Without trust, your security team is dead in the water
The rise of cyberattacks and data breaches has increased the need for sound security that works across any type of business. But with any change in an organisation, buy-in is essential.
Airwallex's head of IT and information security Elliot Colquhoun says from a security perspective, organisations tend to over index on reviewing security controls, such as those implemented by a vendor or implemented within their own environments.
"This is a useful lens for business as usual, however, security professionals should expand their evaluation to also include the human and often undervalued aspects of trust," he says.
"Do your employees trust your security team? Do your customers have a positive perception of your security that has earned their trust?"
Colquhoun says having the trust of employees and customers is a force multiplier for security. At Airwallex, the staff are generally passionate about privacy and understand the impact of security changes, and so positive engagement is critical.
"We have seen first-hand that the high level of trust from our employees results in easier and more effective implementation of security changes and controls. The impact of this extends to our customers – their increased trust in our controls drives loyalty and wider adoption of our products," he says.
Later on, this positive branding also becomes a differentiator and a revenue multiplier. Companies get greater customer access because they have the perception and brand to convince their internal security teams.
How can security leaders build trust with employees and customers?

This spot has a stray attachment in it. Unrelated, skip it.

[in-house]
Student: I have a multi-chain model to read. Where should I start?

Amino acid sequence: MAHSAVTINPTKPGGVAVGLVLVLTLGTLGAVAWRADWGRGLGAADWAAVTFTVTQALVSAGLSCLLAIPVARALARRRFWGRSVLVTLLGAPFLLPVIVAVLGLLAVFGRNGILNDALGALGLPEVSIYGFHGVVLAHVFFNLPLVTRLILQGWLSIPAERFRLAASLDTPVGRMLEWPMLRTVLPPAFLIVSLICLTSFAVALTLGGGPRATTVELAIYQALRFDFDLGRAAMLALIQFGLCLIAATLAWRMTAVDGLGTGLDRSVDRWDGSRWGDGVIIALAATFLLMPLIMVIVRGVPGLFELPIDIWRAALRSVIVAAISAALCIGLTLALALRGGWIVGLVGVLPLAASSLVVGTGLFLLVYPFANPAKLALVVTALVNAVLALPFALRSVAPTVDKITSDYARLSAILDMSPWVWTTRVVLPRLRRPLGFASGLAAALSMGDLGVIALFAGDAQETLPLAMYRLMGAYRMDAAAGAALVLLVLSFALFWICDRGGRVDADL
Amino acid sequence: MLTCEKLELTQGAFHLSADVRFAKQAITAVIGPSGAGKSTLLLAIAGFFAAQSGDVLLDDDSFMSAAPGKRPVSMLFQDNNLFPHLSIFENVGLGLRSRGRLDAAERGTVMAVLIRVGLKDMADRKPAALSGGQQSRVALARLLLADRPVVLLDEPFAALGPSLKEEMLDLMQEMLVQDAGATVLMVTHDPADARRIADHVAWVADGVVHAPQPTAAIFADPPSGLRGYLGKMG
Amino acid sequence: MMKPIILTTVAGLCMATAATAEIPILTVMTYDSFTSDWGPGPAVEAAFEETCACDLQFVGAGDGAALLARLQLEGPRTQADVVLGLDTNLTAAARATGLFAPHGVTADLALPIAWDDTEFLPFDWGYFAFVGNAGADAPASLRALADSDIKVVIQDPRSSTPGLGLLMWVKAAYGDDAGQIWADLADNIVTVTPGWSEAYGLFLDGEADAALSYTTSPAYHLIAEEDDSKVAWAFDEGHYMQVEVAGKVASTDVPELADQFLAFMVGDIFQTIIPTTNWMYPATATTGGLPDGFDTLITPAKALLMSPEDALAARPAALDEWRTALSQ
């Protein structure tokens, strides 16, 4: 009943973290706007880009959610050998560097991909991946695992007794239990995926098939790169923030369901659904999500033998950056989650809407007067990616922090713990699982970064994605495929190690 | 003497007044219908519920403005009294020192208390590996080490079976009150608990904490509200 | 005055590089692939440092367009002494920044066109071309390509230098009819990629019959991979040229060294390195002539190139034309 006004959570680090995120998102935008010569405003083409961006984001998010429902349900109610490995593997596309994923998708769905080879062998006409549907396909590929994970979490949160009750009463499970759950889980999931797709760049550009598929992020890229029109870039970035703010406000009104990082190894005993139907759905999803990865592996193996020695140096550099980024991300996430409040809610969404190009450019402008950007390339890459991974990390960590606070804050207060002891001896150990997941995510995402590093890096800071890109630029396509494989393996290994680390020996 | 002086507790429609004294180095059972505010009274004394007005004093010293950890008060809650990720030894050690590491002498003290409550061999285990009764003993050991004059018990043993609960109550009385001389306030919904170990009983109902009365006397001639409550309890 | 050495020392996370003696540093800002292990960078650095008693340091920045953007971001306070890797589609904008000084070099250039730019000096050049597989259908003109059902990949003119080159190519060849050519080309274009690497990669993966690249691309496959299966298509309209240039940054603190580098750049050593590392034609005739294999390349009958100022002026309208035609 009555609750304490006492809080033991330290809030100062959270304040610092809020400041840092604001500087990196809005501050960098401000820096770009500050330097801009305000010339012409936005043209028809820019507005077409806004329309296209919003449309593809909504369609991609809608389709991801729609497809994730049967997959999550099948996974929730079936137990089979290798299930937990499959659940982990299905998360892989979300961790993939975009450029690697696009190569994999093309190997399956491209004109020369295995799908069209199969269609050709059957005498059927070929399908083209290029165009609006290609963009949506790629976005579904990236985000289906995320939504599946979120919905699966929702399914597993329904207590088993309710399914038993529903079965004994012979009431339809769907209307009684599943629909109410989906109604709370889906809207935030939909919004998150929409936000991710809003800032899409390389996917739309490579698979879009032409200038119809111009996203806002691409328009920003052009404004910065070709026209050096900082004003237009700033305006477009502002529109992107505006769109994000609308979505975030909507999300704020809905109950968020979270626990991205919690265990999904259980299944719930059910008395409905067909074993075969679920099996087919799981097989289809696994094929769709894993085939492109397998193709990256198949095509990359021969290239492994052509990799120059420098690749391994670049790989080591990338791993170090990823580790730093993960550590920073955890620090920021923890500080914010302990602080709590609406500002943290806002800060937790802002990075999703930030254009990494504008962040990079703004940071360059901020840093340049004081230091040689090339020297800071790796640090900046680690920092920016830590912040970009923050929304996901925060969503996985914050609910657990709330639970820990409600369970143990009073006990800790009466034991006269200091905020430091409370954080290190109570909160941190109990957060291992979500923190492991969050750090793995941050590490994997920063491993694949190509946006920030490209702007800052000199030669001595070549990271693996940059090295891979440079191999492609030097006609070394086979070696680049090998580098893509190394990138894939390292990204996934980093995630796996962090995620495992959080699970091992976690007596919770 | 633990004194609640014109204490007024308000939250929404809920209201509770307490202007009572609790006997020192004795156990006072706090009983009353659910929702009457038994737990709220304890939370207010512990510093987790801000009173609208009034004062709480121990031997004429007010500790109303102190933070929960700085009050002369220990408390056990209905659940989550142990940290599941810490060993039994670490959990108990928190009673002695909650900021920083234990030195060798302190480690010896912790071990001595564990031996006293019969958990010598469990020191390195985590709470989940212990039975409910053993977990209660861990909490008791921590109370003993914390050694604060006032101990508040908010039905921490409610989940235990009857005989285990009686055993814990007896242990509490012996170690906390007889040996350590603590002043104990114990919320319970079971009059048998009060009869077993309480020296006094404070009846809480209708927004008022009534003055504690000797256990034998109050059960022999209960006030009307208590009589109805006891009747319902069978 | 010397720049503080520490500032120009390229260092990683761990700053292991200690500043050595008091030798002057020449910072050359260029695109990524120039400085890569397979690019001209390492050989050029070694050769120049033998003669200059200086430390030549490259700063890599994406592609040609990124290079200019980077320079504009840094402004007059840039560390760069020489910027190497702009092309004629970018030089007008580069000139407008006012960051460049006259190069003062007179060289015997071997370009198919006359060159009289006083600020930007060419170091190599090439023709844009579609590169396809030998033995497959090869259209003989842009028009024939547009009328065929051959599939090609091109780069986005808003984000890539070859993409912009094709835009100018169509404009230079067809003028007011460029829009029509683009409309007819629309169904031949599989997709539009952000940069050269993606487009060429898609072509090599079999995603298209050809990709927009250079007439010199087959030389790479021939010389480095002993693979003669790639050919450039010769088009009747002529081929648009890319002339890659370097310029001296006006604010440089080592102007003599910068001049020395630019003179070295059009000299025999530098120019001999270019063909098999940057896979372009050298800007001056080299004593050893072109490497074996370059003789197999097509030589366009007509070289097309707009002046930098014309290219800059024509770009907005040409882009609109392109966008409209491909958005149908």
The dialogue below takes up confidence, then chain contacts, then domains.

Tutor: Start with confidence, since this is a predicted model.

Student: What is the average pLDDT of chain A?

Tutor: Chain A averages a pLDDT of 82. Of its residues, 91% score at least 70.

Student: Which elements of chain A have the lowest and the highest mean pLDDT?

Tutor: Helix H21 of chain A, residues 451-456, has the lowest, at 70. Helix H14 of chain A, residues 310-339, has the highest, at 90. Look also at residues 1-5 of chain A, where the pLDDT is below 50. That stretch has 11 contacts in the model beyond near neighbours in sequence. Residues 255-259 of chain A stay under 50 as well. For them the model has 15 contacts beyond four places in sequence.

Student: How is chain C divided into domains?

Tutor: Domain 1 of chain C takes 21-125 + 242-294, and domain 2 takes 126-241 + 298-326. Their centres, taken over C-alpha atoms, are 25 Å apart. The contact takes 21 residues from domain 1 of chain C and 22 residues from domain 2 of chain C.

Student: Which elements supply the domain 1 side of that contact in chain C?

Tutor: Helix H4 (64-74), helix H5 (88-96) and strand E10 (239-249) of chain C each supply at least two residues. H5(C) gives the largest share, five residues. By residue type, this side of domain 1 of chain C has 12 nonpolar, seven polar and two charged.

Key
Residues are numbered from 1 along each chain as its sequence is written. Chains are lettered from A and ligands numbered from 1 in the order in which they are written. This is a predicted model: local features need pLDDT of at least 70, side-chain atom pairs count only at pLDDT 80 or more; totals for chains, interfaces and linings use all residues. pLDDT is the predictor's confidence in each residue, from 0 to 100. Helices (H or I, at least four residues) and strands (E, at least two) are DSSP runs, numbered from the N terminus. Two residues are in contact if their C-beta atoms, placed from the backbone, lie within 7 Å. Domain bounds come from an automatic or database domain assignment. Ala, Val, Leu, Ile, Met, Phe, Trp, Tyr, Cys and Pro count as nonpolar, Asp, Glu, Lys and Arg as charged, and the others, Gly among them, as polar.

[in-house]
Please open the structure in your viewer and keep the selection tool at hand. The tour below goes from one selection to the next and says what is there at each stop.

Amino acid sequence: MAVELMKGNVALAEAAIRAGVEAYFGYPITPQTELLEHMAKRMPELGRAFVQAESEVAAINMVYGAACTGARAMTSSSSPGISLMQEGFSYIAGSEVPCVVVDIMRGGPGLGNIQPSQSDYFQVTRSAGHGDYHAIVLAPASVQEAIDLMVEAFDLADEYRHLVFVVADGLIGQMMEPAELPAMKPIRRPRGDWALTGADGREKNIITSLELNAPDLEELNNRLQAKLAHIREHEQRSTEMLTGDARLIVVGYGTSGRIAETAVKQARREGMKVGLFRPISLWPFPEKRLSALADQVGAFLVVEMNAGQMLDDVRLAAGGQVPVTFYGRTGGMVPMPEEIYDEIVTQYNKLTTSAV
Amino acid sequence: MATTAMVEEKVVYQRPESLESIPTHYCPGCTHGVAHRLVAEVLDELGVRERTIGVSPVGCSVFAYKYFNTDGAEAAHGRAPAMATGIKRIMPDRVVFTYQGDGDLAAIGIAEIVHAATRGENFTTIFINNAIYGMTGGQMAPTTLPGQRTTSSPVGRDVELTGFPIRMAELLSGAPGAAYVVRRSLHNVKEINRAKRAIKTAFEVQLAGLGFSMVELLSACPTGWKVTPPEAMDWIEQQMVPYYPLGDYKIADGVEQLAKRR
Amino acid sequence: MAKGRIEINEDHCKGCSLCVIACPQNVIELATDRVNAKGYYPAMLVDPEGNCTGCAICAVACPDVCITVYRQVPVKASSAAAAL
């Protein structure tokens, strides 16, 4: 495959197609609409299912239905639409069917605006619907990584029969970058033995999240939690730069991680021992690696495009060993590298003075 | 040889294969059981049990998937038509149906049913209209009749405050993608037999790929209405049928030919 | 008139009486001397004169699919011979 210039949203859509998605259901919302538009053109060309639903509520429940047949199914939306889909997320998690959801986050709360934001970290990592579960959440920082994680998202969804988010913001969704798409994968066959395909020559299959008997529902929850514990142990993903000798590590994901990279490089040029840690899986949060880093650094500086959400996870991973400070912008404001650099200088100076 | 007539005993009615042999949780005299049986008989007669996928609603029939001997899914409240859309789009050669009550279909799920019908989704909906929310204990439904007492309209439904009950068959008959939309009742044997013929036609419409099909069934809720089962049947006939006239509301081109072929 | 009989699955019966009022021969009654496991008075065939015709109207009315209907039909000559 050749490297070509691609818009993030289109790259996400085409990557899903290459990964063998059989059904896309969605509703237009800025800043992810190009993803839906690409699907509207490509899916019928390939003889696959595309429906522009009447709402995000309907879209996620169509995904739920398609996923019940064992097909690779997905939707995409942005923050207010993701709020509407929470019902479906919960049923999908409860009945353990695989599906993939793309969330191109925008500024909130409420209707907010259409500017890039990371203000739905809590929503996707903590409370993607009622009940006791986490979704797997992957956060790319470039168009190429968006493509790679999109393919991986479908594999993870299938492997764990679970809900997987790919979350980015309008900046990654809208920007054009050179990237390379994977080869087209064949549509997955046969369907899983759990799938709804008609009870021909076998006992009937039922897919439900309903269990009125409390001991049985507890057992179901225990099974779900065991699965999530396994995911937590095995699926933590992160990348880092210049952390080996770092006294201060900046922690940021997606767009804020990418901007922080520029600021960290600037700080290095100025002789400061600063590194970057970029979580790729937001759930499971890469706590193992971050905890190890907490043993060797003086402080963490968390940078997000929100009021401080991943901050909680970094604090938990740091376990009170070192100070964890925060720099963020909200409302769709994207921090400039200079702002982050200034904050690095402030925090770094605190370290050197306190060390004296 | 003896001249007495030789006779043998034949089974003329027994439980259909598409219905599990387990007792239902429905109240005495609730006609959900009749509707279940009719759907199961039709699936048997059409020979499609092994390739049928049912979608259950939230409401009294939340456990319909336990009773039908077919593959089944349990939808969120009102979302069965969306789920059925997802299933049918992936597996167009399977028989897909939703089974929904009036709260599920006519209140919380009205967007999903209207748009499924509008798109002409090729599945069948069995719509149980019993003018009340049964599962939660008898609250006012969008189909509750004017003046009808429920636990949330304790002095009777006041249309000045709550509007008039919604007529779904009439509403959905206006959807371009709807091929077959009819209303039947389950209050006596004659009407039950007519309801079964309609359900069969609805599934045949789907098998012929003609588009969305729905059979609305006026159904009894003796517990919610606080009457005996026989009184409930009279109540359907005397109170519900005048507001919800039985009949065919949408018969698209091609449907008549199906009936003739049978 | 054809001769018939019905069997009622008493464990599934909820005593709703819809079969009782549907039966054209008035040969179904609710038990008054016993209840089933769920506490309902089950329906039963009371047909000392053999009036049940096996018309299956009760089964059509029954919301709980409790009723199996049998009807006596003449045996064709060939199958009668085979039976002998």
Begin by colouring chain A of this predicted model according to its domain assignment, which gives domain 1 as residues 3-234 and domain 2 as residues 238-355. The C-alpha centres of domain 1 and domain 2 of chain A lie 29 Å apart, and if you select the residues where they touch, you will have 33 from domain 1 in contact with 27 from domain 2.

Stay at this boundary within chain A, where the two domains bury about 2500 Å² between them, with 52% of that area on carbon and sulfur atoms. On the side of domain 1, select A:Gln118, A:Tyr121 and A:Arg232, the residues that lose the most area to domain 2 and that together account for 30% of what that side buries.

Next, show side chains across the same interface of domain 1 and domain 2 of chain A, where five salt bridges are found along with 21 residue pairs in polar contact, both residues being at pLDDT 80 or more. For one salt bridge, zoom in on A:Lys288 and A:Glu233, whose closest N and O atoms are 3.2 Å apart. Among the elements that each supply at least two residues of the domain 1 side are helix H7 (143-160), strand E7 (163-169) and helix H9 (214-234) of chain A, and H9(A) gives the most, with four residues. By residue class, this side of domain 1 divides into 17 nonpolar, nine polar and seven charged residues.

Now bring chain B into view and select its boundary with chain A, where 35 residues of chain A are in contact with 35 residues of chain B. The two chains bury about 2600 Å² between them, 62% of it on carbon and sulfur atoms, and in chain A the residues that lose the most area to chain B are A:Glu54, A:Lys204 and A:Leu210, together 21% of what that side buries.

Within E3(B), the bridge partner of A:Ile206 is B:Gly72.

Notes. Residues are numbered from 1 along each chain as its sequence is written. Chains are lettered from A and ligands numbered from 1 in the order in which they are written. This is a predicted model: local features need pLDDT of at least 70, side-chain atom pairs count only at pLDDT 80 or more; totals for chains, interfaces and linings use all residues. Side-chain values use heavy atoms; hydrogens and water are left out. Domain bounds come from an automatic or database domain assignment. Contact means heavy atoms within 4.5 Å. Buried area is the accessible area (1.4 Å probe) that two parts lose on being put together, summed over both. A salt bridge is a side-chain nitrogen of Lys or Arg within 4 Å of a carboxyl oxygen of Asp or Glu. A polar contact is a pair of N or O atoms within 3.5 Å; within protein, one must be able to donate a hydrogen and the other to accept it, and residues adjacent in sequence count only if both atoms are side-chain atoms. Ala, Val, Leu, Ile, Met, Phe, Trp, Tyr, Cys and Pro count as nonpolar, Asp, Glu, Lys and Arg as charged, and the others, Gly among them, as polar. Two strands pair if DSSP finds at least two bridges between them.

Trust is built on communication and transparency. Colquhoun advises that companies should share what is on their roadmap and openly discuss recent incidents or investigations. Focus on the impact of changes they're making and explain why they are required.
"Recently, we implemented a VPN which performed TLS interception. Naturally, some employees had concerns about the privacy implications, particularly for personal internet browsing," says Colquhoun.
To navigate these concerns, Airwallex took several steps to ensure its staff backed the objective, including:
1. Distributing a fact sheet that helped explain the privacy considerations in as simple language as possible
2. Writing an internal blog post explaining why it was implementing these changes
3. Hosting town hall meetings in each region, allowing employees to voice any concerns and the security team to answer any questions.
"Being transparent made our employees feel heard, and this increased the overall uptake and integration of the VPN. Some of our most cynical users turned into supporters who helped build our VPN into firewall rules for tools within their departments," says Colquhoun.
"Transparency is equally important for your customers as it allows you to demonstrate the maturity and strength of your security program. It-#39;s important to define the perception before customers define it for you."